The Cable

Bernie and Barack’s Awkward White House Visit

Sanders meets with Obama days ahead of the Iowa caucus — and days after the president tacitly endorsed Hillary Clinton.

FORT BELVOIR, VA - AUGUST 07:  Flanked by congressional members, (L-R) Rep. Jackie Walorski (R-IN), Sen. Bernie Sanders (I-VT), House Minority Whip Rep. Steny Hoyer (D-MD), Rep. Michael Michaud (D-ME), and Rep. Jeff Denham (R-CA), U.S. President Barack Obama (C) participates in a signing ceremony of H.R. 3230 August 7, 2014 at Wallace Theater in Fort Belvoir, Virginia. President Obama has signed the Veterans' Access to Care through Choice, Accountability, and Transparency Act of 2014 into law.  (Photo by Alex Wong/Getty Images)
FORT BELVOIR, VA - AUGUST 07: Flanked by congressional members, (L-R) Rep. Jackie Walorski (R-IN), Sen. Bernie Sanders (I-VT), House Minority Whip Rep. Steny Hoyer (D-MD), Rep. Michael Michaud (D-ME), and Rep. Jeff Denham (R-CA), U.S. President Barack Obama (C) participates in a signing ceremony of H.R. 3230 August 7, 2014 at Wallace Theater in Fort Belvoir, Virginia. President Obama has signed the Veterans' Access to Care through Choice, Accountability, and Transparency Act of 2014 into law. (Photo by Alex Wong/Getty Images)

This story has been updated with Sanders’s comments.

Vermont Sen. Bernie Sanders met Wednesday with President Barack Obama, who days ago gave a major boost to his rival, Hillary Clinton — just days before the upcoming Iowa caucus.

Awkward.

In a brief stakeout after the White House meeting, Sanders said he and the president had a “productive and constructive” conversation on issues foreign and domestic, including the Islamic State, Syria, Iran, and “occasionally a little bit of politics.”

The senator said the Iowa caucus will be decided by one word: turnout. “We’re feeling really good about where we are … If there is a large turnout, I think we win; if not, I think we’re going to be struggling,” he said, according to a pool report. Of Obama, Sanders added, “I think he and the vice president have tried to be fair and even-handed in the process and I expect they will continue to be that way.”

Sanders said he did not ask Obama for his endorsement.

Obama has thus far declined to endorse a candidate in the Democratic primary, though he hasn’t ruled out doing so. But in an interview last week, he tacitly endorsed his former secretary of state.

“Bernie came in with the luxury of being a complete long shot and just letting loose,” Obama said told Politico. “I think Hillary came in with the both privilege — and burden — of being perceived as the front-runner. …You’re always looking at the bright, shiny object that people haven’t seen before.”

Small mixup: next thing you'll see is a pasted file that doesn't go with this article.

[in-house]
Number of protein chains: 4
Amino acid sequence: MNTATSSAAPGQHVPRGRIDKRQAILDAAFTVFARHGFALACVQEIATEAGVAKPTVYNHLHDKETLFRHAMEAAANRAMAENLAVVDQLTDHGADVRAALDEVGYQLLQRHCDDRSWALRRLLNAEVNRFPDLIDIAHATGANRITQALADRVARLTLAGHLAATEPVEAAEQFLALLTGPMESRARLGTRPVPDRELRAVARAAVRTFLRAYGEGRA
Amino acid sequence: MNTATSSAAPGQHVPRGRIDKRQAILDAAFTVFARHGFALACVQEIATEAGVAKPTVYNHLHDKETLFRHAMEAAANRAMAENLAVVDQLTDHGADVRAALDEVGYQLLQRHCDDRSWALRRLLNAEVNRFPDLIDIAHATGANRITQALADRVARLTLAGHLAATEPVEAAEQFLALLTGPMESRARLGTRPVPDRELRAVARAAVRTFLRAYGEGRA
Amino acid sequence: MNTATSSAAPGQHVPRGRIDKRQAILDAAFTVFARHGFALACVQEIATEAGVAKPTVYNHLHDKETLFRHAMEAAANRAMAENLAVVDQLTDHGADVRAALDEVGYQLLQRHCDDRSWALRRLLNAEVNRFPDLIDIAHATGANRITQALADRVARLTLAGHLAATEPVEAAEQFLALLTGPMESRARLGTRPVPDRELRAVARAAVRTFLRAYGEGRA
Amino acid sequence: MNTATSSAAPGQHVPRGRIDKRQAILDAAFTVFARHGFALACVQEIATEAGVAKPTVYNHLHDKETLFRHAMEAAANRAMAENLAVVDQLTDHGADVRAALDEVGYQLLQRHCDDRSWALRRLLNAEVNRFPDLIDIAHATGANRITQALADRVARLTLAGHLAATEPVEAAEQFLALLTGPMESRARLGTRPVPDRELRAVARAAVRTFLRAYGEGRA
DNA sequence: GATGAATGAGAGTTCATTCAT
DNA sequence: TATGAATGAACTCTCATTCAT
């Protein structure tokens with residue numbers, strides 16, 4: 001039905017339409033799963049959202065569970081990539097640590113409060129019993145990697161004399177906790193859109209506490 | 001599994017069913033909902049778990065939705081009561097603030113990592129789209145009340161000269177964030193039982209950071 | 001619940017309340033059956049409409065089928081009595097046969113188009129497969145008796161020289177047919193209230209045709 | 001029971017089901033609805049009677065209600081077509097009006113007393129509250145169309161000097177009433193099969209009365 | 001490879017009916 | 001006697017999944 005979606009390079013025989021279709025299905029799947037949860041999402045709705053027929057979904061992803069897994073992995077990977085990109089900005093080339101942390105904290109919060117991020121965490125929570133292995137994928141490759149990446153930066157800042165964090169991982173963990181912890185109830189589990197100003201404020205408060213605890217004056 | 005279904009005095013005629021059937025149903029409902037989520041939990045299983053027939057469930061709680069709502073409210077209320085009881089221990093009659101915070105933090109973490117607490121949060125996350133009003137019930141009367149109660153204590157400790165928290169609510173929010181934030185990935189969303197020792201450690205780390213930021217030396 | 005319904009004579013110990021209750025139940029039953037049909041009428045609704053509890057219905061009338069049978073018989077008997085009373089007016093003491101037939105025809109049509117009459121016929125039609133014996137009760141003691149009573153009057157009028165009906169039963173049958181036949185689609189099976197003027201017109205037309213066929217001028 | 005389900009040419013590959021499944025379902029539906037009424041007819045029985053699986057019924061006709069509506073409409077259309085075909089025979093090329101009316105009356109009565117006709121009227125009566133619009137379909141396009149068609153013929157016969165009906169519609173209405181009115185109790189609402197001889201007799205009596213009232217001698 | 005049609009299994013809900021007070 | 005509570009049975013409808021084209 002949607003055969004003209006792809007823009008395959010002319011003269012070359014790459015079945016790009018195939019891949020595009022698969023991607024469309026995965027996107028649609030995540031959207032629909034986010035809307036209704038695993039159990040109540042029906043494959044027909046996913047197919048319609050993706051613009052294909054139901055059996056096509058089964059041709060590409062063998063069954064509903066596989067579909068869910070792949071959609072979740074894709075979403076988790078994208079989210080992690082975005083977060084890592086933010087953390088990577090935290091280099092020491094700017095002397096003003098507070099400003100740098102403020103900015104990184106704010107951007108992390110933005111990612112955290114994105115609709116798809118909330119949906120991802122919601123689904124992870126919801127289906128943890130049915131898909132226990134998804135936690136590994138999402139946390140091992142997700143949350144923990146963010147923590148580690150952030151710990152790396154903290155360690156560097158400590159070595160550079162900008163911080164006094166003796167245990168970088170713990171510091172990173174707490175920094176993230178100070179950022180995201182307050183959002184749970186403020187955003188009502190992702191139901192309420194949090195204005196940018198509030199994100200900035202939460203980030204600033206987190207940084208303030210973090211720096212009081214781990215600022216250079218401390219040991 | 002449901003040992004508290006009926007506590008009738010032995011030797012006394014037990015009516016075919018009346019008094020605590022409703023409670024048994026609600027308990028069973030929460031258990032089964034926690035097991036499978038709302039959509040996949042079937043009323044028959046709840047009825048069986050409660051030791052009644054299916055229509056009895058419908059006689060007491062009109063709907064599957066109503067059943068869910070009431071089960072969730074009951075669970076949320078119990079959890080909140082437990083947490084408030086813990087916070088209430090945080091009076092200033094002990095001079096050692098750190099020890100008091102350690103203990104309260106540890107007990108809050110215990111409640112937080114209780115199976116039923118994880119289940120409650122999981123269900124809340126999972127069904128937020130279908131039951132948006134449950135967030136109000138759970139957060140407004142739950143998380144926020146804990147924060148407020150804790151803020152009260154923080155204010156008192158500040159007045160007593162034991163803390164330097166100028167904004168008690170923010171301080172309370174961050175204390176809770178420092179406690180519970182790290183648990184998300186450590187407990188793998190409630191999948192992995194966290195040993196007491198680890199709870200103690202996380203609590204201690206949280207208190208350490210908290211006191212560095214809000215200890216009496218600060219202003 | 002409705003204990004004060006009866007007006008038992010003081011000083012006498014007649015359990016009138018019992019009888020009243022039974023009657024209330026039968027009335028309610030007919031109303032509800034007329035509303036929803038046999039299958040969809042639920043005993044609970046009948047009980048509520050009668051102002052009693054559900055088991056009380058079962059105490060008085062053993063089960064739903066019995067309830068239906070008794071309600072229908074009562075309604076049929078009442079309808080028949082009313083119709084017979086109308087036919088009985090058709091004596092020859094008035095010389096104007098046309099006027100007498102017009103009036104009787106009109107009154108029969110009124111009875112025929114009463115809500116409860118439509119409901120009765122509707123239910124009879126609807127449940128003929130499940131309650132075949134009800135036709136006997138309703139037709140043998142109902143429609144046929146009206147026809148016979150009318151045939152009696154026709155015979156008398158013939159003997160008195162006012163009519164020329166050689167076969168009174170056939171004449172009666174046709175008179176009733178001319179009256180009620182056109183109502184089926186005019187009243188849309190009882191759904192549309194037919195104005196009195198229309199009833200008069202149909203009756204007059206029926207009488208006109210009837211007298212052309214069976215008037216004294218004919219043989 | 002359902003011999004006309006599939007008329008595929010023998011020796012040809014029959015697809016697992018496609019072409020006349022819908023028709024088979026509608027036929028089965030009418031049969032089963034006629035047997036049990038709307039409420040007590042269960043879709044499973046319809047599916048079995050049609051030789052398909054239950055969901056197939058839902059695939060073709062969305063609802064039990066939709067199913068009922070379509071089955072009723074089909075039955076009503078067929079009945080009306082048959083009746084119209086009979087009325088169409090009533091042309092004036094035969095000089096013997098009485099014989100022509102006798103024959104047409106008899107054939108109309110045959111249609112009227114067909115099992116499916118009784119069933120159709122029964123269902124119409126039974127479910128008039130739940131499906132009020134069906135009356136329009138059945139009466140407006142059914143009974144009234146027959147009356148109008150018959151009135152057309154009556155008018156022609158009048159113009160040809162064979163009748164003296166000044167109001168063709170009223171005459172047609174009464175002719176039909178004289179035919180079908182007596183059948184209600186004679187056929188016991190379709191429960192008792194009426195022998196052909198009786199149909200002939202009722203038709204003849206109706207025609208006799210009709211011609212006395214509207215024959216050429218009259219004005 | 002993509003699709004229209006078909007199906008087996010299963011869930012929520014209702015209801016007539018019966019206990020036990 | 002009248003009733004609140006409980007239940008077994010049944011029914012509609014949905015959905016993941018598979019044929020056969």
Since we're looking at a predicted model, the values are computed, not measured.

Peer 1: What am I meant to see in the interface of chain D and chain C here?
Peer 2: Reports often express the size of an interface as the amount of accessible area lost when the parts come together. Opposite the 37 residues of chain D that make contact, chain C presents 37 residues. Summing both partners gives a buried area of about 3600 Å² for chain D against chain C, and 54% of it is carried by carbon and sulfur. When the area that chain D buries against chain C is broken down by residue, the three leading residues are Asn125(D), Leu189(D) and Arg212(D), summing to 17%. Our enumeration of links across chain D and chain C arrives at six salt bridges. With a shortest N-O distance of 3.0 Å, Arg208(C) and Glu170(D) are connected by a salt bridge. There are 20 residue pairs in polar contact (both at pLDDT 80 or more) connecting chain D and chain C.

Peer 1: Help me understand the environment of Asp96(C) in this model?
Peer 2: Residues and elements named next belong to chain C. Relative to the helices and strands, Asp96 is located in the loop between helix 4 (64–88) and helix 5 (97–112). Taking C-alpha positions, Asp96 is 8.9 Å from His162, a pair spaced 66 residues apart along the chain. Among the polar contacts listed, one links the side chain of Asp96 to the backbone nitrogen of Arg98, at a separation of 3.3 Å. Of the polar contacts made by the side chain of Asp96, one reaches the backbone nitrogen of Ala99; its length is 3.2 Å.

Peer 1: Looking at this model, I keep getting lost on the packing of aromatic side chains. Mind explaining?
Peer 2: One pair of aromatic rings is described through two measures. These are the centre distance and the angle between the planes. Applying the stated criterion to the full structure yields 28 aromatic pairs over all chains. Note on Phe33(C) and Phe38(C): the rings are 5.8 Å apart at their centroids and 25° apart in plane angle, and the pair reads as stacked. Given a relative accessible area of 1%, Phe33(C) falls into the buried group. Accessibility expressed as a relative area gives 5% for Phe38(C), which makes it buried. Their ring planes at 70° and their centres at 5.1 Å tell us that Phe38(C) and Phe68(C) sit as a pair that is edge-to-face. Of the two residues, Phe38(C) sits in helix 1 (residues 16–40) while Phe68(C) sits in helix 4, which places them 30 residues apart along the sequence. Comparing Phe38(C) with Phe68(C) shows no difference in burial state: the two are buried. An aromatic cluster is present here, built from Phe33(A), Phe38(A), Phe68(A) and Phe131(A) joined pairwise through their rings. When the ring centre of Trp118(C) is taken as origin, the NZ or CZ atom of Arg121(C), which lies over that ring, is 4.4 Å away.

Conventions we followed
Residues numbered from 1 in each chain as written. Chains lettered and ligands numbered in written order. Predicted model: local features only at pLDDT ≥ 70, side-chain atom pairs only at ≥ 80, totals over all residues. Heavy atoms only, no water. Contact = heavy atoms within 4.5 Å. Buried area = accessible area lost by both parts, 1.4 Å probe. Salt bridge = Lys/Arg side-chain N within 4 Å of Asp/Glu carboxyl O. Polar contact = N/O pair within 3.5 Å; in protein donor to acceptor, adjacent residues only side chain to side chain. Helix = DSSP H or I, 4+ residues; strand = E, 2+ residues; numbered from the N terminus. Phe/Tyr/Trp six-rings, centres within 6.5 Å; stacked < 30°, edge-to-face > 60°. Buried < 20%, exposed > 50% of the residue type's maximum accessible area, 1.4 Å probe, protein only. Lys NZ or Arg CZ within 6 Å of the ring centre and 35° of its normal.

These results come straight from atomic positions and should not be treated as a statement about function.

He quickly dismissed comparisons between Sanders’ surging campaign and his own in 2008 against Clinton: “I don’t think that’s true.”

In 2008, Obama scored a massive upset in the Iowa caucus, injecting his underdog campaign with enough Big Mo to ultimately carry him to the nomination. It was a morale blow that still haunts Clinton as she trades the lead with Sanders in polls days before the Iowa vote on Feb. 1.

Both candidates have been welcomed to the White House over the years, with Clinton coming as recently as last month. But visitor logs show that in Sanders’ some 40 visits during Obama’s tenure, he’s only once met privately with the president, a year ago, according to the Washington Post.

White House spokesman Josh Earnest said Wednesday’s meeting has been planned for weeks and doesn’t have a “formal agenda.” But administration officials well know it will be seen as a pat on the back to Sanders after Obama put a finger on Clinton’s side of the scale.

Obama’s comments last week were particularly acute in the context of Clinton’s last-minute strategy shift to frame her as the rightful heir of the president’s legacy, particularly on foreign policy, and defending his record against all comers — including Sanders. The curmudgeonly Vermonter has bristled at the suggestion he’s betrayed the president.

“Set the record right,” Sanders said to Clinton in the last Democratic debate. “In 2006 when I ran for the Senate, Sen. Barack Obama was kind enough to campaign for me, 2008, I did my best to see that he was elected and in 2012, I worked as hard as I could to see that he was reelected. He and I are friends.”

Friends, it seems, without the benefits of an endorsement.

Photo credit: Alex Wong / Getty 

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